I know that Linux is a huge part of the embedded systems thing, but what about things like pacemakers and insulin pumps?

Do they run a custom "distro" on the Linux kernel? How complex is the underlying software?

  • Distros are primarily to provide a large variety of application packages for desktop PCs. Embedded systems rarely use a distro, but rather a custom-built kernel and a small set of application programs to fit in non-volatile storage of small size (e.g. NAND flash). The devices you mention require unique additional requirements and testing as they are medical devices that sustain life. – sawdust Jul 7 '14 at 5:16

Actually, most embedded systems run pre-compiled code. The Linux kernel takes readable commands (such as 'cd ..') and converts them to code to be executed.

  • Interesting, I didn't know this. So, these systems aren't technically a distro as much as they are continually executing code? – user341129 Jul 6 '14 at 20:25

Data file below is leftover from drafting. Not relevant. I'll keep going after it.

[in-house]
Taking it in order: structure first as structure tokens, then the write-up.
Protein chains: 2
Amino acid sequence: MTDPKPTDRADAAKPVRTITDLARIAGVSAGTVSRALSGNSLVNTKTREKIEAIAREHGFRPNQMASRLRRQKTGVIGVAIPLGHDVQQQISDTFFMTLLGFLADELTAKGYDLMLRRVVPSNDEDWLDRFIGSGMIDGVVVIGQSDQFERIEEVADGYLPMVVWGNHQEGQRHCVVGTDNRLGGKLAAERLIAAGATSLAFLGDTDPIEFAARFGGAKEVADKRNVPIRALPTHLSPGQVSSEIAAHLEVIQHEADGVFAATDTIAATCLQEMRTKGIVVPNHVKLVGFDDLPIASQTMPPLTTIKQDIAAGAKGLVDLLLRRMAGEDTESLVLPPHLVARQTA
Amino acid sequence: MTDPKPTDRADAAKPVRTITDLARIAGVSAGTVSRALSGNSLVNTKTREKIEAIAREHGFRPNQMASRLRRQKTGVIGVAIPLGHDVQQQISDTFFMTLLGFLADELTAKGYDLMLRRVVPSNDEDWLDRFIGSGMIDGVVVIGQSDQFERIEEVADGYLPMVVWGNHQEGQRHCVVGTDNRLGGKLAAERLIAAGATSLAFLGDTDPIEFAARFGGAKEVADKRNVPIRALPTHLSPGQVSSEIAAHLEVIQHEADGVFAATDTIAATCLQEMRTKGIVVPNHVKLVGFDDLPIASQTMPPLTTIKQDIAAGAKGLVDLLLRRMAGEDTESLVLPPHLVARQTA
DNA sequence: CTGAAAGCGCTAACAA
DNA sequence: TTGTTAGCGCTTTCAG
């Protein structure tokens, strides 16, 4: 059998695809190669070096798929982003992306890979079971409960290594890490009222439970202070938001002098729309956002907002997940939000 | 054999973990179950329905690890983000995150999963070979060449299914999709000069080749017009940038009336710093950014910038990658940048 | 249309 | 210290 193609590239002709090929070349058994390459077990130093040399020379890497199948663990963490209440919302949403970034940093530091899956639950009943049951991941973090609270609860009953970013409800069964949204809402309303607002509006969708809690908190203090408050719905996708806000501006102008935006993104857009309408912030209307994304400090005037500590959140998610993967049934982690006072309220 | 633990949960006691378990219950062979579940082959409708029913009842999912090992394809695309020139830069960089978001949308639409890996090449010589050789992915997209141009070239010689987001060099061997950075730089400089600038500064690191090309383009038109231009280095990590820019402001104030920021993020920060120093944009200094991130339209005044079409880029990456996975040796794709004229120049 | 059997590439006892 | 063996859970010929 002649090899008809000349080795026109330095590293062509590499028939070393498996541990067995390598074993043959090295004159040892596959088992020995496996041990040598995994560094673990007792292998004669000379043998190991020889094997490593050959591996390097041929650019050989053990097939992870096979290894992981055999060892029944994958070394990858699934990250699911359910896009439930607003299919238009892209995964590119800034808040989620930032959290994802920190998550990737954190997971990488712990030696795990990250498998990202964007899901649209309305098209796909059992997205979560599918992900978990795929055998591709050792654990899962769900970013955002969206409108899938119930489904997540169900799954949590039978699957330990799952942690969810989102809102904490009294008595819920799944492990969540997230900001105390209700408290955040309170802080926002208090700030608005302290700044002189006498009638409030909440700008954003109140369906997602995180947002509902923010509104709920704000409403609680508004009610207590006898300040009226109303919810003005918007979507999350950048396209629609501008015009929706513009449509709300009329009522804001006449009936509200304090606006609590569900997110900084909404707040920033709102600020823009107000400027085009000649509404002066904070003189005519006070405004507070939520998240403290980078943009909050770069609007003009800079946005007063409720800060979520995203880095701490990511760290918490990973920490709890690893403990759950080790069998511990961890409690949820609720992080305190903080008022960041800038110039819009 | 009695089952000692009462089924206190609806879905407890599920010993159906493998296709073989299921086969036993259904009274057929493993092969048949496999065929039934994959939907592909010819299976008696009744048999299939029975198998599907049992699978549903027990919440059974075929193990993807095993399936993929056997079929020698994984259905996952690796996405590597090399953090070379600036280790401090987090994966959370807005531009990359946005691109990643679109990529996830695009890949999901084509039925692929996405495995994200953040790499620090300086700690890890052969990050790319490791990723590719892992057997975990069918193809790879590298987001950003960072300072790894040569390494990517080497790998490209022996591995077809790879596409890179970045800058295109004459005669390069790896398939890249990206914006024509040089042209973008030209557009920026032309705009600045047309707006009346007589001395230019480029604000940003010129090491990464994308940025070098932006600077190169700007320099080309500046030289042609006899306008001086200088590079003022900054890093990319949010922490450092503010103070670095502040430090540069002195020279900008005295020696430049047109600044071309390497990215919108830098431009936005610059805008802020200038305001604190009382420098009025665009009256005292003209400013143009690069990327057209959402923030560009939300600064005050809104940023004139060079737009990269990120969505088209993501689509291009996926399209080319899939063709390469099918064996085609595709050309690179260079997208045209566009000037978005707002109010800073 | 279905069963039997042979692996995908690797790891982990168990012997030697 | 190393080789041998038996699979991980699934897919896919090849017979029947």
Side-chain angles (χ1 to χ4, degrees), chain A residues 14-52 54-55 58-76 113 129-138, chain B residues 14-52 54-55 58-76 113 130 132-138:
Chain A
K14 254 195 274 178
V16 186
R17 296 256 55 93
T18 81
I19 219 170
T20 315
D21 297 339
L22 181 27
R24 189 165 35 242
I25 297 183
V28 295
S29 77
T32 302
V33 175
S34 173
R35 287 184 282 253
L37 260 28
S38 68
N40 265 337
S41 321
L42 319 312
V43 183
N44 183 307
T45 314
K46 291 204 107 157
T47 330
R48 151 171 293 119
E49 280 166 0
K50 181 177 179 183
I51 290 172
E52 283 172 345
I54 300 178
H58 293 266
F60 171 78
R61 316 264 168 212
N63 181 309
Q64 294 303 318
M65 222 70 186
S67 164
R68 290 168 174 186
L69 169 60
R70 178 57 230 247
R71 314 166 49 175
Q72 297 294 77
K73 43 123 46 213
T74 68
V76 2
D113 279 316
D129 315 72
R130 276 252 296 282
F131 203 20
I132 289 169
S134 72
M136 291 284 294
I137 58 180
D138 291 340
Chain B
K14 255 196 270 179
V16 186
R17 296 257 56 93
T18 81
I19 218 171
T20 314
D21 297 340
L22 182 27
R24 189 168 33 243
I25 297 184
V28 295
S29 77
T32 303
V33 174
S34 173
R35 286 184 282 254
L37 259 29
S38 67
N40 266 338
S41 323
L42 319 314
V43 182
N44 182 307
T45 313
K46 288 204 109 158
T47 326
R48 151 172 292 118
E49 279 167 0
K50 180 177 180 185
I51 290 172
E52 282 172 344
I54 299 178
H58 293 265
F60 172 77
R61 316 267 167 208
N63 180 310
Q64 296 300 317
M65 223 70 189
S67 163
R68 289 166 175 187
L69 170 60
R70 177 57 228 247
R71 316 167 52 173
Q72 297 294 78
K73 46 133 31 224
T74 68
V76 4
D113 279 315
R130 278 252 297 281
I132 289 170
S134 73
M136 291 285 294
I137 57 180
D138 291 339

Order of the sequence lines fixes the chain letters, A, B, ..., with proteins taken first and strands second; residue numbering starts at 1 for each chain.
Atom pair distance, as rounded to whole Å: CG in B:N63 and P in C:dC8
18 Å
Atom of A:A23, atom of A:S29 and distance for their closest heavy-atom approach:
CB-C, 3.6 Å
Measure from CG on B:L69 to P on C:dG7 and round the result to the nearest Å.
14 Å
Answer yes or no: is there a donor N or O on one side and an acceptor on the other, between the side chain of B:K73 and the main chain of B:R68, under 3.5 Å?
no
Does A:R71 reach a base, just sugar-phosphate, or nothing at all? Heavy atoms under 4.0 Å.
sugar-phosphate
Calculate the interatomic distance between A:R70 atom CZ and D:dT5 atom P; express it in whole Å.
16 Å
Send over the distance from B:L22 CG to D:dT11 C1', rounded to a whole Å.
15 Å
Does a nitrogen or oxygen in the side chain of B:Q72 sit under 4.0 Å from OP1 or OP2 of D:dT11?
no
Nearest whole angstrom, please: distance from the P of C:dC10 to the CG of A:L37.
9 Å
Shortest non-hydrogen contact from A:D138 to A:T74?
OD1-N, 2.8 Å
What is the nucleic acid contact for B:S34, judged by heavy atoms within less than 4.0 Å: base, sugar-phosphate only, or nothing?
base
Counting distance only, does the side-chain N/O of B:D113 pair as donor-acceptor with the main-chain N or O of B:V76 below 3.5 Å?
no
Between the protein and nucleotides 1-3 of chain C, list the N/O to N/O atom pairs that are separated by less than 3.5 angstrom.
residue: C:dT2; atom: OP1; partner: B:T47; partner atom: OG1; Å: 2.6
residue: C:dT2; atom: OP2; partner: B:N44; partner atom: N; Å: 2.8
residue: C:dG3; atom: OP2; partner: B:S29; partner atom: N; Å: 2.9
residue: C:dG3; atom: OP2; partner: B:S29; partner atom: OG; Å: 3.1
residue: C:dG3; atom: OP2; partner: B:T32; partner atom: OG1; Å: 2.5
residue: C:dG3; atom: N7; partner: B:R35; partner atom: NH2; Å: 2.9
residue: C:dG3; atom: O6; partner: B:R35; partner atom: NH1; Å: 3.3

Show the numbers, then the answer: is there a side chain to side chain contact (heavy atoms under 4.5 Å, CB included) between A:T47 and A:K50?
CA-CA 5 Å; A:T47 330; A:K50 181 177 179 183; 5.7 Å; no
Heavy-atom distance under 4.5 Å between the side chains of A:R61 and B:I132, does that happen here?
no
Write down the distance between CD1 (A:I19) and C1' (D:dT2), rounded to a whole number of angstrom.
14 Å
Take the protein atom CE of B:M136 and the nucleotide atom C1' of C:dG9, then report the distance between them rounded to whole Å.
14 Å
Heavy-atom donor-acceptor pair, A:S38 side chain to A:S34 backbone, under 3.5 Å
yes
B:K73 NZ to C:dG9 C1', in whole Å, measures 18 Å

• In order for a system to add 2 integers from memory together and store the result in a third location, most programming languages would use something similar to c:=a+b. The system would first need to fetch the 2 integers, add them together and then store the result, a minimum of 3 operations (on some systems it is 4 operations). If you want to know more, learn machine code programming (like the PICAXE processors without Basic or C). – LDC3 Jul 6 '14 at 20:51
  • Machine code programming sounds crazy hard and I would not know where to start or what to do with it. Would learning some x86 ASM help to understand these? Right know I'm learning C and have considered x86 – user341129 Jul 6 '14 at 20:59
  • x86 ASM is machine language coding. PICAXE is a smaller processor than the current x86 processors and uses a different set of machine codes. – LDC3 Jul 6 '14 at 21:26
  • 2
    @user341129 - "they are continually executing code" -- A processor, unless it's powered off or sleeping, is always executing machine code (even when it's "idle"). Assembly code is not machine code. "embedded systems run pre-compiled code" -- High-level languages have to be compiled into machine code for execution unless you have a rare HLL computer. – sawdust Jul 7 '14 at 5:26

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